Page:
“We would account and make sure the public is clear on where those dollars are distributed so that we can demonstrate very plainly that there has been an intended distribution of those dollars,” Flagg said.
Discussion on the proposal lasted over an hour. South Anna Supervisor Wayne Hazzard had several questions.
Hazzard noted that the current proposal was based on residential growth. He asked if staff took into account traffic impacts from commercial development.
Planning Director David Maloney said those impacts are taken into consideration at the time of zoning. A traffic study is typically performed for larger projects. Based on anticipated traffic generation, staff would negotiate transportation improvements as part of the project.
“Whether we’re dealing with residential development through a negotiated transportation improvement or a cash contribution to be used for a future project or a business and industrial development, in all cases, we are working to capture the traffic impacts arising from that project,” Maloney said.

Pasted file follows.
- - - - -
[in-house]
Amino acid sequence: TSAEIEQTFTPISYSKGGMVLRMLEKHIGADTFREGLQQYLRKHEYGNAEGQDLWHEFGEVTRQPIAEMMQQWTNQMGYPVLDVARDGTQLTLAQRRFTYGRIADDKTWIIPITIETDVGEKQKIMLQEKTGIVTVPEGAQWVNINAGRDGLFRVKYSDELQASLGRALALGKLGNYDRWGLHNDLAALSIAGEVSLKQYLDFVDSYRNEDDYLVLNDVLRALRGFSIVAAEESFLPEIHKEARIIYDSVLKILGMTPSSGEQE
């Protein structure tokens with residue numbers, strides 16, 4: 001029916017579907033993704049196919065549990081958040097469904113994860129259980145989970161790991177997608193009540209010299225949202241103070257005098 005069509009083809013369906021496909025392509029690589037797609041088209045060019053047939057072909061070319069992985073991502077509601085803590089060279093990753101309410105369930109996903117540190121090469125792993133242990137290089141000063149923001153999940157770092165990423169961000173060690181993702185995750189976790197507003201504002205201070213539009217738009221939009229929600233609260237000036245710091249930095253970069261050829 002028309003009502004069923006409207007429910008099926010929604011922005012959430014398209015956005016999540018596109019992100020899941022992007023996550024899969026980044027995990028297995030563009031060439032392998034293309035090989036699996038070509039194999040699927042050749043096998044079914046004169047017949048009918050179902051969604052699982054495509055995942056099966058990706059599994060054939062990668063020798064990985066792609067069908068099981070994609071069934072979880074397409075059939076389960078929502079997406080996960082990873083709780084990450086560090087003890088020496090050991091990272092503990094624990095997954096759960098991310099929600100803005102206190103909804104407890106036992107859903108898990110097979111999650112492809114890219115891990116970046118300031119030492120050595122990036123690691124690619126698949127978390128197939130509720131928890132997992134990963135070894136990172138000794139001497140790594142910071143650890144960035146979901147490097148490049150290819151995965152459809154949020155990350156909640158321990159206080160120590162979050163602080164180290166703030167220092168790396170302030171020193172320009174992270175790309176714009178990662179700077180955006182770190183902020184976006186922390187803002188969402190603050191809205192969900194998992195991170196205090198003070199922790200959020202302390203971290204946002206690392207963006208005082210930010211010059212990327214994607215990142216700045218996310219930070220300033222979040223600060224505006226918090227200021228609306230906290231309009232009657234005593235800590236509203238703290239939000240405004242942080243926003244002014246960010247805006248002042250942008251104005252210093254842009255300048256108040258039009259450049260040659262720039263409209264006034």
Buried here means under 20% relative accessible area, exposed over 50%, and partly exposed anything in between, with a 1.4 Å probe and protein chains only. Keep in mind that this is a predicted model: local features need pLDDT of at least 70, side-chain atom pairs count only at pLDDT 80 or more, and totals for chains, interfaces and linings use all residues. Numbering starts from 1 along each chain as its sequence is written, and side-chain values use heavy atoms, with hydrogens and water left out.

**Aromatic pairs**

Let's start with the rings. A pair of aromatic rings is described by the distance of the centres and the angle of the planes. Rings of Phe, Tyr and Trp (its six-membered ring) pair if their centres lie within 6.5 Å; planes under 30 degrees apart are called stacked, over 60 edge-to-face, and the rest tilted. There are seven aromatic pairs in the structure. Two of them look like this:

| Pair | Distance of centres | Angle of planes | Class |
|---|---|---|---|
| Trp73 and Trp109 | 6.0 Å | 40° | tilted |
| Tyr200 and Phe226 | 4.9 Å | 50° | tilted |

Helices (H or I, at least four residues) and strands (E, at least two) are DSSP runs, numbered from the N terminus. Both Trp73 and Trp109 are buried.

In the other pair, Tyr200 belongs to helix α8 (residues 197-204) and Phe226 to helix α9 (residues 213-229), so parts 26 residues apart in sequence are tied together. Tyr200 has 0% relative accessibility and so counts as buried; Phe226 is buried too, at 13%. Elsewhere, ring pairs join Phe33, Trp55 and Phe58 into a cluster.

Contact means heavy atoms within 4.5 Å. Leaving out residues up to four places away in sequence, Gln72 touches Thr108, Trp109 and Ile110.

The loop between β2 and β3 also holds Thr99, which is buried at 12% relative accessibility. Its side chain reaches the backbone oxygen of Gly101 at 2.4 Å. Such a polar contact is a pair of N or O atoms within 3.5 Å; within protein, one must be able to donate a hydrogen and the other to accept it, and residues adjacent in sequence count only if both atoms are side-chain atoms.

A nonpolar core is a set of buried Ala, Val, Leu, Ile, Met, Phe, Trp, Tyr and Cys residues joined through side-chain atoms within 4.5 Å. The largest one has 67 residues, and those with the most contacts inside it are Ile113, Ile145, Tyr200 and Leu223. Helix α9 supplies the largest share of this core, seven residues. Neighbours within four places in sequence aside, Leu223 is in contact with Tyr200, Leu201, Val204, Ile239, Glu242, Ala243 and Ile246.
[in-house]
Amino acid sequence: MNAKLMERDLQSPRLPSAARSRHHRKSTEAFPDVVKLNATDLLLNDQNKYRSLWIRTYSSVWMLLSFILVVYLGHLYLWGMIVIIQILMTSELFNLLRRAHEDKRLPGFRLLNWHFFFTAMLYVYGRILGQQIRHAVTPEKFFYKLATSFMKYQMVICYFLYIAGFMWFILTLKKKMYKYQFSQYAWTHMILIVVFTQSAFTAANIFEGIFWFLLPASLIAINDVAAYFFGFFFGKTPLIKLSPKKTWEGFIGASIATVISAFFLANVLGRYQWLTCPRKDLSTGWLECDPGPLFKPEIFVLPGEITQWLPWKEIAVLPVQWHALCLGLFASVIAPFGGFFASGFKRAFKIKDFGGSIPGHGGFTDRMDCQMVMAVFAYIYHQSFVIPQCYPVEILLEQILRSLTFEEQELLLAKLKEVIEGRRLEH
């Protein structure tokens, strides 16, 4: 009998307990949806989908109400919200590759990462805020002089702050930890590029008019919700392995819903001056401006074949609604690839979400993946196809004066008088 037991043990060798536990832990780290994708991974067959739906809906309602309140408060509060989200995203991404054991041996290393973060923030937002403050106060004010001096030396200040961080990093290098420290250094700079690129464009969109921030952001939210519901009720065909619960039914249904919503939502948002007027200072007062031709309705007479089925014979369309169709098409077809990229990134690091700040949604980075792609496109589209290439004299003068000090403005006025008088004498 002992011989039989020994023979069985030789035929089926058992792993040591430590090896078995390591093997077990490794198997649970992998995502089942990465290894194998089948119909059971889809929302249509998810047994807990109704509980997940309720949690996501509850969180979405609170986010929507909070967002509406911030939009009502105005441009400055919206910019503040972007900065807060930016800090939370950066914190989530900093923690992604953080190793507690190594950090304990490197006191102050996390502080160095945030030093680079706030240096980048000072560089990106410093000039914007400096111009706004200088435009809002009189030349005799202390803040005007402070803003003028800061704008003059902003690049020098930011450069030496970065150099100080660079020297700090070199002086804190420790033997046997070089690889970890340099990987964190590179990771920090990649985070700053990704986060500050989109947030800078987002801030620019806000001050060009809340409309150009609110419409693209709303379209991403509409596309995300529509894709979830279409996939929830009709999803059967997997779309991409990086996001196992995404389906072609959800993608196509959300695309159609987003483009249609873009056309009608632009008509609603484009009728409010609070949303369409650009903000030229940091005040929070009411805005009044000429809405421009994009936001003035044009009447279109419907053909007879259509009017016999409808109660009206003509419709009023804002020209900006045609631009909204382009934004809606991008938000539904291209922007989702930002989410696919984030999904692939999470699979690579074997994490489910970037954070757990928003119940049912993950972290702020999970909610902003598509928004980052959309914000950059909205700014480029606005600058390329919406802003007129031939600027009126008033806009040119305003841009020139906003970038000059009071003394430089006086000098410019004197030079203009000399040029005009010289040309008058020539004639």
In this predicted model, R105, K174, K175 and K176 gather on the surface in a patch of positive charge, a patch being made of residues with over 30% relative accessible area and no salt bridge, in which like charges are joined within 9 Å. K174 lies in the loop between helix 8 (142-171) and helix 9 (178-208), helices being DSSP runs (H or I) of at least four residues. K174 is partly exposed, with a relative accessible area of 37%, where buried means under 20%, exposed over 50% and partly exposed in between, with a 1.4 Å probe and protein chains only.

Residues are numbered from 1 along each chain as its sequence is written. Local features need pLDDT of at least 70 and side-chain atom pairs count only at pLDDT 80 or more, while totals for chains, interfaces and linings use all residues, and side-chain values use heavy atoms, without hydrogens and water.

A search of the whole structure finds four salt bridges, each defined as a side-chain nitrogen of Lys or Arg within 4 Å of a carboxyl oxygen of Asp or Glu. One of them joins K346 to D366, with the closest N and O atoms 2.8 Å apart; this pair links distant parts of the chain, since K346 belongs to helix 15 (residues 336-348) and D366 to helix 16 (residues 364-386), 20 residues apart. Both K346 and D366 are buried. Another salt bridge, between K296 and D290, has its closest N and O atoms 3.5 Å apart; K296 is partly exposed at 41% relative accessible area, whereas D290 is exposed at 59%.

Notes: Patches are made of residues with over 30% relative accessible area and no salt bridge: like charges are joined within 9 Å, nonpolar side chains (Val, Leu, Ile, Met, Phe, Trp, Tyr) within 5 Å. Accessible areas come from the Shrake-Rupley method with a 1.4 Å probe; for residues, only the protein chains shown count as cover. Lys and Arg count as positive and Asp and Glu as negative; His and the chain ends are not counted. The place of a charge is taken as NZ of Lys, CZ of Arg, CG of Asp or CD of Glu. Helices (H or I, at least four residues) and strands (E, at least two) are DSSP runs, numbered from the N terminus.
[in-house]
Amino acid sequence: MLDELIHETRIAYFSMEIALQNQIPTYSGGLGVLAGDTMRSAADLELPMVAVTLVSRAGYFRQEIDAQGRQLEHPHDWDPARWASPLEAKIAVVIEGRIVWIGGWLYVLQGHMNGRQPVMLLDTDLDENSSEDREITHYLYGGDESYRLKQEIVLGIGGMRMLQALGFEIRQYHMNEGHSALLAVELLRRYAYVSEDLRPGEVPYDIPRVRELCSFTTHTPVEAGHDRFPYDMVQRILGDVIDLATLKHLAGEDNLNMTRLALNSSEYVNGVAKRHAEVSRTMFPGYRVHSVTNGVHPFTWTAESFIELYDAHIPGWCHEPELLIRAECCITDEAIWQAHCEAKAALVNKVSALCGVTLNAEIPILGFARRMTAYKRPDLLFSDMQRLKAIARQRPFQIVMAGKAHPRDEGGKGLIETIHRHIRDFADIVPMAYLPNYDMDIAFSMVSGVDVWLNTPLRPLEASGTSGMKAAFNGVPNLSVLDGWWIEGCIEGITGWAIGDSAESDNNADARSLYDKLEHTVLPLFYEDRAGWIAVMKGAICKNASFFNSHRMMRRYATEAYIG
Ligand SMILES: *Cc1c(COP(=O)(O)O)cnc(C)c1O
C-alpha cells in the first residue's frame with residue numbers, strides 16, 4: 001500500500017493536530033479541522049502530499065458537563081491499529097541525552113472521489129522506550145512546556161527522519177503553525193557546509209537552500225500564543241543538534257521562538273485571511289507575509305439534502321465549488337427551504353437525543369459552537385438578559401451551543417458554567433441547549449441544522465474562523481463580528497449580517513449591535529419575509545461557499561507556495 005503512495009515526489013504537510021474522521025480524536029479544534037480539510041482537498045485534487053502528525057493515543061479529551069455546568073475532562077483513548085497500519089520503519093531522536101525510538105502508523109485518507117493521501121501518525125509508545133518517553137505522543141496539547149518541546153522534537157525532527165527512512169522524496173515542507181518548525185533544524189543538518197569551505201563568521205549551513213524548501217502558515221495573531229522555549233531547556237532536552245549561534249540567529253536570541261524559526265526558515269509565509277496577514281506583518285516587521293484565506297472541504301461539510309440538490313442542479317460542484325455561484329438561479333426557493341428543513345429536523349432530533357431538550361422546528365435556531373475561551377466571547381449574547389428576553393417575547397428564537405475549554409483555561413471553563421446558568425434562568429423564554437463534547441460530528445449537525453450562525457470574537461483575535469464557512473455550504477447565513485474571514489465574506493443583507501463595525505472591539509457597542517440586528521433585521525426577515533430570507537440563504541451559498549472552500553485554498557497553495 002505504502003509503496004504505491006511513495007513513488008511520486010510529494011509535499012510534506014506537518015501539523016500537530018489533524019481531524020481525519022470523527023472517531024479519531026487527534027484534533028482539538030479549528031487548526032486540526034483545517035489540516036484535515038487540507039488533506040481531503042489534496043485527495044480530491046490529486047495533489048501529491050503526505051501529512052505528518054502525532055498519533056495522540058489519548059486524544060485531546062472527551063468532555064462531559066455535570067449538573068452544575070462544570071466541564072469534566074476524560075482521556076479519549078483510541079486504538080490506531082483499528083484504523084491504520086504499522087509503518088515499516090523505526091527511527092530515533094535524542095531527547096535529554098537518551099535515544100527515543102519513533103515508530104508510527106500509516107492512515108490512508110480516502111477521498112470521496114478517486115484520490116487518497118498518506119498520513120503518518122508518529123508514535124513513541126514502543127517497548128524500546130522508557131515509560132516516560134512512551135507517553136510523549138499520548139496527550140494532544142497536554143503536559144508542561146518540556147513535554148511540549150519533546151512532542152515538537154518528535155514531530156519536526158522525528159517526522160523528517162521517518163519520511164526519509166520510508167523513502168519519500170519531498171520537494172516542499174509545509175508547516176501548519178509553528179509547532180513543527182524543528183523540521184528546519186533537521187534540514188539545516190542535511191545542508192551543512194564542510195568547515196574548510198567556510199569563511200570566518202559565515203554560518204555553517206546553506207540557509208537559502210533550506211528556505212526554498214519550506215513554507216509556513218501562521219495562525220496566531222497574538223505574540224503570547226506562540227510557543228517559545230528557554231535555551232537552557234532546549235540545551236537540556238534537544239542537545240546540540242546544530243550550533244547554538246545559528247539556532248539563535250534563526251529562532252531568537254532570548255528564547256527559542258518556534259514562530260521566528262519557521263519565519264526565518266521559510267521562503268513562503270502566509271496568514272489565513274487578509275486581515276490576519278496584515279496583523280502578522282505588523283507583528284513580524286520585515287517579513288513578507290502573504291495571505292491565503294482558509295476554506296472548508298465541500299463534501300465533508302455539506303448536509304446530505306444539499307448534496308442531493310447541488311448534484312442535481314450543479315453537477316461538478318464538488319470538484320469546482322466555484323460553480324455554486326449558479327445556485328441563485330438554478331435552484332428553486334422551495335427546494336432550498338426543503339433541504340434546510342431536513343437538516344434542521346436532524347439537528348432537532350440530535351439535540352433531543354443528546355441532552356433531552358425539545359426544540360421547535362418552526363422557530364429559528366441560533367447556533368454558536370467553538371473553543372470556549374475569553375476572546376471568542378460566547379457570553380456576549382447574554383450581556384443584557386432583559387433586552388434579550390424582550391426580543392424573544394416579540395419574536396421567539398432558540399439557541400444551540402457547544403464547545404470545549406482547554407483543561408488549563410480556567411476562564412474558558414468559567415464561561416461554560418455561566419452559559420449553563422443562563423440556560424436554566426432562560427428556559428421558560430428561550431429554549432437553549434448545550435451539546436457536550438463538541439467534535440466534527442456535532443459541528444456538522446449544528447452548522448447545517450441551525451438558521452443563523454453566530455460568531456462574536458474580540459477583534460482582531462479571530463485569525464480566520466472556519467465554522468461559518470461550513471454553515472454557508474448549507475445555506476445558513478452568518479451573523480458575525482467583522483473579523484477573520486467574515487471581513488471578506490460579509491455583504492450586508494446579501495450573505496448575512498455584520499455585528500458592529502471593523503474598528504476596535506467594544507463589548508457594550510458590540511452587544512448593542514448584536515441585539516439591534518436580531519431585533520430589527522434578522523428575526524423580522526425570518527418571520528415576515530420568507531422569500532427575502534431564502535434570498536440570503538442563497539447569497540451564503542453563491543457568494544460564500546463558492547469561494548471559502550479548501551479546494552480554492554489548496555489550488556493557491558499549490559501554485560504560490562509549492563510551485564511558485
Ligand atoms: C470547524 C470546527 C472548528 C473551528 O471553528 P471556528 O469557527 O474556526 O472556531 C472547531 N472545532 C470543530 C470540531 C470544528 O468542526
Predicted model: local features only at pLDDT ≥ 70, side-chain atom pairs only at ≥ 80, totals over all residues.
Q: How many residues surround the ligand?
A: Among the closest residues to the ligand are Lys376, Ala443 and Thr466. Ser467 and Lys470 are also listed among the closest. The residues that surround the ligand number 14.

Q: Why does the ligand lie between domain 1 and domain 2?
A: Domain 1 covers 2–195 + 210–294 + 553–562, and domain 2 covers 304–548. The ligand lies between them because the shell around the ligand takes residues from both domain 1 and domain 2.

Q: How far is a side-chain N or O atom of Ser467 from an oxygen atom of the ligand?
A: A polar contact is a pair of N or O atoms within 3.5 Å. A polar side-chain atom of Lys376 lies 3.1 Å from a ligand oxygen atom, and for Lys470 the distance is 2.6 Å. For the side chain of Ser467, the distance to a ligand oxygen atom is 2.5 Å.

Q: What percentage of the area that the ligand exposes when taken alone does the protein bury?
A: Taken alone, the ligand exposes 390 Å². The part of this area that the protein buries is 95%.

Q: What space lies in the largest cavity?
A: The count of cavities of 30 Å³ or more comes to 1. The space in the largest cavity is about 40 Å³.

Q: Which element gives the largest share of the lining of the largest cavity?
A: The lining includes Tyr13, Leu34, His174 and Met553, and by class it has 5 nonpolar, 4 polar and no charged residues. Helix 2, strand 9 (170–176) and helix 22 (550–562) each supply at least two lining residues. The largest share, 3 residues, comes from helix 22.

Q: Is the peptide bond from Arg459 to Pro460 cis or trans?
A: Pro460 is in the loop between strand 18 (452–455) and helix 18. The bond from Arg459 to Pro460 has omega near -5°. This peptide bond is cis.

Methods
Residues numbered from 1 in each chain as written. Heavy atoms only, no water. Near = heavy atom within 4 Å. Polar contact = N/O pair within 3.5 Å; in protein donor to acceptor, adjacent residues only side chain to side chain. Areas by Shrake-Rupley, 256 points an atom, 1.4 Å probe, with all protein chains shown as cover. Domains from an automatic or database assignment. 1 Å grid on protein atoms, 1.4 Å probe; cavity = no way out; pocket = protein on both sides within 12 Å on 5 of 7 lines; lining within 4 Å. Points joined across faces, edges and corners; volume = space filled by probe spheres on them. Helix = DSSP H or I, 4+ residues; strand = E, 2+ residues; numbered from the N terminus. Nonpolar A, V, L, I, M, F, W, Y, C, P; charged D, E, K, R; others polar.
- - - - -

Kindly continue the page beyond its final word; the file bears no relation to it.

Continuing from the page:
Hazzard expressed his concerns about the $2,306 figure for the smaller developments.
“No two pieces of property are the same. I don’t care if they’re side-by-side, and that’s the reason you’re getting a little pushback from me on coming up with a one-size-fits-all type of mentality,” he said.
Flagg explained that that figure is only “a starting point.”
“It’s not an absolute,” Flagg said. “I think there is an expectation largely that it’s a fair contribution, but certainly other situations that arise particular to the developments would not be excluded from the negotiating principle for those smaller developments, and certainly for the larger developments.
“One of the things we’ve heard emphatically in many instances from the development [community] is they would like to know what the target is, so this provides a level of certainty and expectation, but it’s not absolute.”
Henry District Supervisor Sean Davis chairs the board’s community development committee, where this proposal was initially discussed.